Strategies of Communication on Climate Change

Friday, July 5, 2013

The Desdemona groupthink trap

In Shakespeare's play "Othello", Desdemona tries to help her friend Cassius, succeeding only in reinforcing the suspicion of her husband, Othello, that she is betraying him with Cassius. Accordingly, I proposed the name of "Desdemona's trap" (or also "Desdemona effect") to the phenomenon that occurs when arguing in favor of something leads to the opposite effect, that is reinforces the negative opinion of the target. It happens all the time with climate change.

Now, I found that a paper by Dan Kahan (see also here) shows exactly this effect and measures it experimentally. As you can see in the figure above, there exists a consistent fraction of people for whom increased scientific literacy; e.g. having heard more about the problem of climate change, makes them become more skeptical and tend to dismiss the whole idea as a hoax.

It is the Desdemona trap clearly identified: the more these people know, the less they understand. It is an effect that agrees with the well known say "a little knowledge is a dangerous thing". They are not knowledgeable enough to understand the science of climate change, but they are knowledgeable enough to understand the denialist arguments about climate change. That makes them able to indulge in one of the most cultivated arts in the human discourse: that of deceiving oneself.

That is not the case for everyone and Kahan identifies those who are most likely to fall into to the Desdemona trap as people having a "hierarchical" vision of life,. In this, Kahan seems to agree with the findings by Lewandowsky indicating that deniers exist mostly within a mindset that can be defined as "conspiratorial". As I argued in a previous post, there is nothing fundamentally wrong in suspecting the worse, but it is an attitude that may well backfire (as in another common say, "too much of a good thing").

In the end, anyway, the problem is not so much the individual vision: "hierarchical" or "egalitarian" attitudes are just triggers that, as Kahan himself says in his talk, start a self-reinforcing loop that makes individuals conform to the ideas of the group they feel they belong to. So, the Desdemona trap eventually evolves into the "Desdemona groupthink trap" - more difficult and more stubborn than the same problem at the individual level. Once a group has evolved into accepting a certain idea, it is impossible to change that idea by facts and logic. Attempts of doing so will only reinforce the group's attitude by making them suspicious that their opponents are their enemies, or anyway perpetrating a hoax on them. 

You see? The problem is wholly described in a sentence by Pogo that has become another common say: "we have found the enemy and he are us". We have to beat the "Desdemona groupthink trap." Not easy. Ideas, anyone?


  1. In looking at rapidly end of the world brought about by runaway global warming, "facts and logic" have failed us completely. "Reason" has allowed oil companies to plunder the planet. "Logic" dictates that it is okay to cut down forests as long as huge profits are made.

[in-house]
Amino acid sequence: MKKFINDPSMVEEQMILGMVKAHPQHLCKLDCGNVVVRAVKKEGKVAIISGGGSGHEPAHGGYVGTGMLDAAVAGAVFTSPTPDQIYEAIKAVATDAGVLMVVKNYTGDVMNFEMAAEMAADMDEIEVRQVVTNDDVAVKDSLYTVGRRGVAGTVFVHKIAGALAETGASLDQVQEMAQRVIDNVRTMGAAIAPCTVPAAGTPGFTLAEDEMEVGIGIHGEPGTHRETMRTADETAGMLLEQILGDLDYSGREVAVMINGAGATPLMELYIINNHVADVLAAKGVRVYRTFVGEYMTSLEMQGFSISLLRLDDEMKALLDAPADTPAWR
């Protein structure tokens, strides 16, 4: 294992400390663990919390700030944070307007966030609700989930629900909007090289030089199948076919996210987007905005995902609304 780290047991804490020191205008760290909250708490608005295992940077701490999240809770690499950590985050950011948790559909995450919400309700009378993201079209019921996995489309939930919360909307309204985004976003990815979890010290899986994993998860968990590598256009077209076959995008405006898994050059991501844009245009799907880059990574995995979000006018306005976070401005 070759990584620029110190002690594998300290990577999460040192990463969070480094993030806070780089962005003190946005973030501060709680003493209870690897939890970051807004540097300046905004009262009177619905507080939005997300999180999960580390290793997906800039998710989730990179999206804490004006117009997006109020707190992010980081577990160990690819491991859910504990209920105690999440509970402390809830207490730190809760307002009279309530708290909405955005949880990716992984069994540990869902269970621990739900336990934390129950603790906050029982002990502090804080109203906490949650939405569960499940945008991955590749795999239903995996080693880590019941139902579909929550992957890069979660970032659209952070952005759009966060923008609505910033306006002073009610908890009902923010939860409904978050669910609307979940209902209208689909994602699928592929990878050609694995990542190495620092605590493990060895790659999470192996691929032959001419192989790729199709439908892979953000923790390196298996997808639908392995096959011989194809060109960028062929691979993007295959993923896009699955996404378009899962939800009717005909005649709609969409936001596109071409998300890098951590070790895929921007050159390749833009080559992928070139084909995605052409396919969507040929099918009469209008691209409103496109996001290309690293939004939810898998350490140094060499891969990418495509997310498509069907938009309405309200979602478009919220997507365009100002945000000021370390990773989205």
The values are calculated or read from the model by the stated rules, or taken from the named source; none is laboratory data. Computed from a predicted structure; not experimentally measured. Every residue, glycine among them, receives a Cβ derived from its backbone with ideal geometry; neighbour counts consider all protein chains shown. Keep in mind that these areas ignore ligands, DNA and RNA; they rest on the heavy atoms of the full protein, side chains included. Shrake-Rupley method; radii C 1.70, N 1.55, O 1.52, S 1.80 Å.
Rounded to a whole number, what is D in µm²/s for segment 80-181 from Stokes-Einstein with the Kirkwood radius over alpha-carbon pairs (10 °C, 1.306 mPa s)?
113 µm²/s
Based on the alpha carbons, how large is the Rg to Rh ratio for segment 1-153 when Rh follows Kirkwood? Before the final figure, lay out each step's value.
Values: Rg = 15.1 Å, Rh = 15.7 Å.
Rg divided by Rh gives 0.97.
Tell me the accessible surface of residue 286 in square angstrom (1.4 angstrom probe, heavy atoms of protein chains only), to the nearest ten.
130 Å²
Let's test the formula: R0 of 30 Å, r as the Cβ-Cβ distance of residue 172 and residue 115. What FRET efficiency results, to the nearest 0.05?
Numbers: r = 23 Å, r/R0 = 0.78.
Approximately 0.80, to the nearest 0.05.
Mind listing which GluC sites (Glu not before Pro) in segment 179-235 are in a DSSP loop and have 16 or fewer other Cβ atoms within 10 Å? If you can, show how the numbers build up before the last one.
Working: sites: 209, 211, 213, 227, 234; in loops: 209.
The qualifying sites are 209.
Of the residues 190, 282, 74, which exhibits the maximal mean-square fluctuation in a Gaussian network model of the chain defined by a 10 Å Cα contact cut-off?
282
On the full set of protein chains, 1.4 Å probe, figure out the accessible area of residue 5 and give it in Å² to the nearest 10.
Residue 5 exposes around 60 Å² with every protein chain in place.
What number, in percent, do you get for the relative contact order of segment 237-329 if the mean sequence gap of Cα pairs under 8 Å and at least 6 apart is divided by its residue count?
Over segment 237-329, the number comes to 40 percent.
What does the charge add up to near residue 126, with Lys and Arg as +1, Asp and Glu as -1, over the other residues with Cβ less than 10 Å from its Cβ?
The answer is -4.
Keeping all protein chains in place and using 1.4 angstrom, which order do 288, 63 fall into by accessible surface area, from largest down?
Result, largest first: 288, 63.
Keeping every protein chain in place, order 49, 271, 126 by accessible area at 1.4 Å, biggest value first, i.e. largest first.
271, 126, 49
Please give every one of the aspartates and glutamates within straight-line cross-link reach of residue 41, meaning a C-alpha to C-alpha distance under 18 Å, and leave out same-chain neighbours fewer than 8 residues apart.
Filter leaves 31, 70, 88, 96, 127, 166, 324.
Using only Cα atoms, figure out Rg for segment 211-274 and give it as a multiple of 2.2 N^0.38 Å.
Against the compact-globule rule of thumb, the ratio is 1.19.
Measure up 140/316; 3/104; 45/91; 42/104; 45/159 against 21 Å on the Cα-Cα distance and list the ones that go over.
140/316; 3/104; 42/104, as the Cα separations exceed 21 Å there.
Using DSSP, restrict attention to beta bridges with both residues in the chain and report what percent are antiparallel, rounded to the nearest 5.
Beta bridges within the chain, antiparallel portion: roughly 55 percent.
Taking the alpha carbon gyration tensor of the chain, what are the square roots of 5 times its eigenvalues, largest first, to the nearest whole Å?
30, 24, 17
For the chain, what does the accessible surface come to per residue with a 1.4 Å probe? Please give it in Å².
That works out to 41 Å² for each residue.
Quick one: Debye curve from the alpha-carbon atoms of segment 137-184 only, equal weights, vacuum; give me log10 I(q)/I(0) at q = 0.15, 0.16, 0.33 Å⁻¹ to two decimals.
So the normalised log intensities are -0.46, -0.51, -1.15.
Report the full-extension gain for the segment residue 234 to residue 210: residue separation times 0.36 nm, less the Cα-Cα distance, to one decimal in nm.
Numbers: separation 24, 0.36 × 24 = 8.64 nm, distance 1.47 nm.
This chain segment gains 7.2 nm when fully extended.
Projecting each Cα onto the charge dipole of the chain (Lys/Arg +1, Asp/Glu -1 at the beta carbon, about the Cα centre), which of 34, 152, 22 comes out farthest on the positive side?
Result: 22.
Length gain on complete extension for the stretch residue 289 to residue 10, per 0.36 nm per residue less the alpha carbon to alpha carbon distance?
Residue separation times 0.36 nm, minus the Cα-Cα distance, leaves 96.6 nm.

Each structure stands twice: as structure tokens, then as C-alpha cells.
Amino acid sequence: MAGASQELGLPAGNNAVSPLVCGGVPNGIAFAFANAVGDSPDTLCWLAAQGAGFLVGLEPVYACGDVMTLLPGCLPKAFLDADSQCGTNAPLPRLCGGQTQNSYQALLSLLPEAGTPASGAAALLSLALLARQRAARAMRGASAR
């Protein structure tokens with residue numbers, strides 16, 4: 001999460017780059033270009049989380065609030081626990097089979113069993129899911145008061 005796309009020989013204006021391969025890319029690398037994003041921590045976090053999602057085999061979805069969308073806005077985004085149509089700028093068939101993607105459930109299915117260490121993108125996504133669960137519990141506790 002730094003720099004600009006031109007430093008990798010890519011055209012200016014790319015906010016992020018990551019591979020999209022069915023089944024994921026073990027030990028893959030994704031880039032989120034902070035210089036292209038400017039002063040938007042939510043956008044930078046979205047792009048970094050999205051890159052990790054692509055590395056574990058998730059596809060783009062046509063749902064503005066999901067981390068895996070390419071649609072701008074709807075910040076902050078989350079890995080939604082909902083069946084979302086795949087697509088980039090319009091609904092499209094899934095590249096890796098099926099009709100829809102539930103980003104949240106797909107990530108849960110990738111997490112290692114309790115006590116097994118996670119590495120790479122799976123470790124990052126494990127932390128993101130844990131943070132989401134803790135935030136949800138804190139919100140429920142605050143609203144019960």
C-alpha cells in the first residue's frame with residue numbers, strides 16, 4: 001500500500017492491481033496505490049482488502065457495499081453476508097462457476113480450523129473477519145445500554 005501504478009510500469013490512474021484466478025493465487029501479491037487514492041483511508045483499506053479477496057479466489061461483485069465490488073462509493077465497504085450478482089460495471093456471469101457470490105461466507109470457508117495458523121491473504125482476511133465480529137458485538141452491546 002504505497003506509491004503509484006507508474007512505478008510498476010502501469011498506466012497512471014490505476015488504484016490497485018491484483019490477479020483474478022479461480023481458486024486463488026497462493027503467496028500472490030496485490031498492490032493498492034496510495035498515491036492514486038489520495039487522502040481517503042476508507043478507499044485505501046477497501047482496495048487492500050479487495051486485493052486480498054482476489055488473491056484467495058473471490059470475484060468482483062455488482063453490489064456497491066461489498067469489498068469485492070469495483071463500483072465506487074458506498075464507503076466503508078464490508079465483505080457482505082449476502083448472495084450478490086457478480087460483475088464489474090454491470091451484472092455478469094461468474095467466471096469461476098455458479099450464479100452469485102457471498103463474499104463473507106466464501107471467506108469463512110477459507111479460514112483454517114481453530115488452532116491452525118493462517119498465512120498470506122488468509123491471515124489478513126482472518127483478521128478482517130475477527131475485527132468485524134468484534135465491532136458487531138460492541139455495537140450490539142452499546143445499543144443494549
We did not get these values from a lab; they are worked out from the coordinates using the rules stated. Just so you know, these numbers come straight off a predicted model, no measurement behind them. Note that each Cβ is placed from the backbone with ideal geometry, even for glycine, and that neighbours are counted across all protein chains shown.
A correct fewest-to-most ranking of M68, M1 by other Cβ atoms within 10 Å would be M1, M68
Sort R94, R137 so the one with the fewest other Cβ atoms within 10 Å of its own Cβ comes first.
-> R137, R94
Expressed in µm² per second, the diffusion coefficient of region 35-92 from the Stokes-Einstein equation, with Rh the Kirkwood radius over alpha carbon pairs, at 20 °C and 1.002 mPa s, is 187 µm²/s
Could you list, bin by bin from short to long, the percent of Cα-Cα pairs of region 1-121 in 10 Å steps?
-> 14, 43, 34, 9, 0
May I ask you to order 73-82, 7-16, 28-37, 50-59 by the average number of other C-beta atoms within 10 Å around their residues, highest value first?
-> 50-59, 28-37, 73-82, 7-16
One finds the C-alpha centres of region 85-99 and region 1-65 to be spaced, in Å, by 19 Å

Forget logic and reason. Try rage and madness instead. Screw reasoning with denialist. Why waste your breath? Instead we should be taking to the streets in mass uprisings. If they can do it Egypt and Turkey, why can't we do it here? It is only the fate of all life that is in danger. Maybe that is worth some rage and fighting for.

  2. I regret to say this but I am not that enthusiastic about the above analysis. It is certainly interesting and some of the conclusions are also plausible but I am not sure whether what Kahan does is confirm the existence or the validity of the Desdemona Trap nor is it operationally clear and unequivocal who would have a "hierarchical" or an "egalitarian: view of life and whether these are primary variables or secondary variables which are the result of some other underlying more primary and independent causal variables.

    (social science is tricky and causalities between primary and secondary, and dependent and independent variables -often also not that clearly or operationally defined- are often very difficult to establish)

    But more importantly I don't see very clearly how the above conclusions (even if completely correct) can be operationalized into a more effective climate change communications strategy. Since a communication strategy will by necessity have to have some general elements too and cannot be tailored to every single sub-group or sub-public which is being targeted.

    And all of this (communication strategies of one kind or another) is even further away from what I consider to be the ultimate need and key objective which is to urgently get a climate change emergency response off the ground. If we spend the next ten years communicating more effectively and cleverly and don't work directly to establish a possible emergency response....(for which we now may be too late anyway) I don't think our net historical impact will be very positive.

    Moreover there will always be SOME set of people who for whatever reasons will remain unconvinced or even increasingly recalcitrant and I don't think we should spend too much time worrying about how best to communicate with them. They -just like us and everyone else - is ultimately responsible for themselves. They will either be on the right side of history or on the wrong one. It has happened before.

    But as I said all of the above is also quite interesting and certainly worth studying more (by social scientists) but perhaps not so much by climate change and other environmental activists.

    We also have not yet tested another assumption in my opinion. Which is that if more people were convinced of the reality and of the need to do something about climate change that this would result in governments and corporations and consumers actually doing more. (and doing more in time)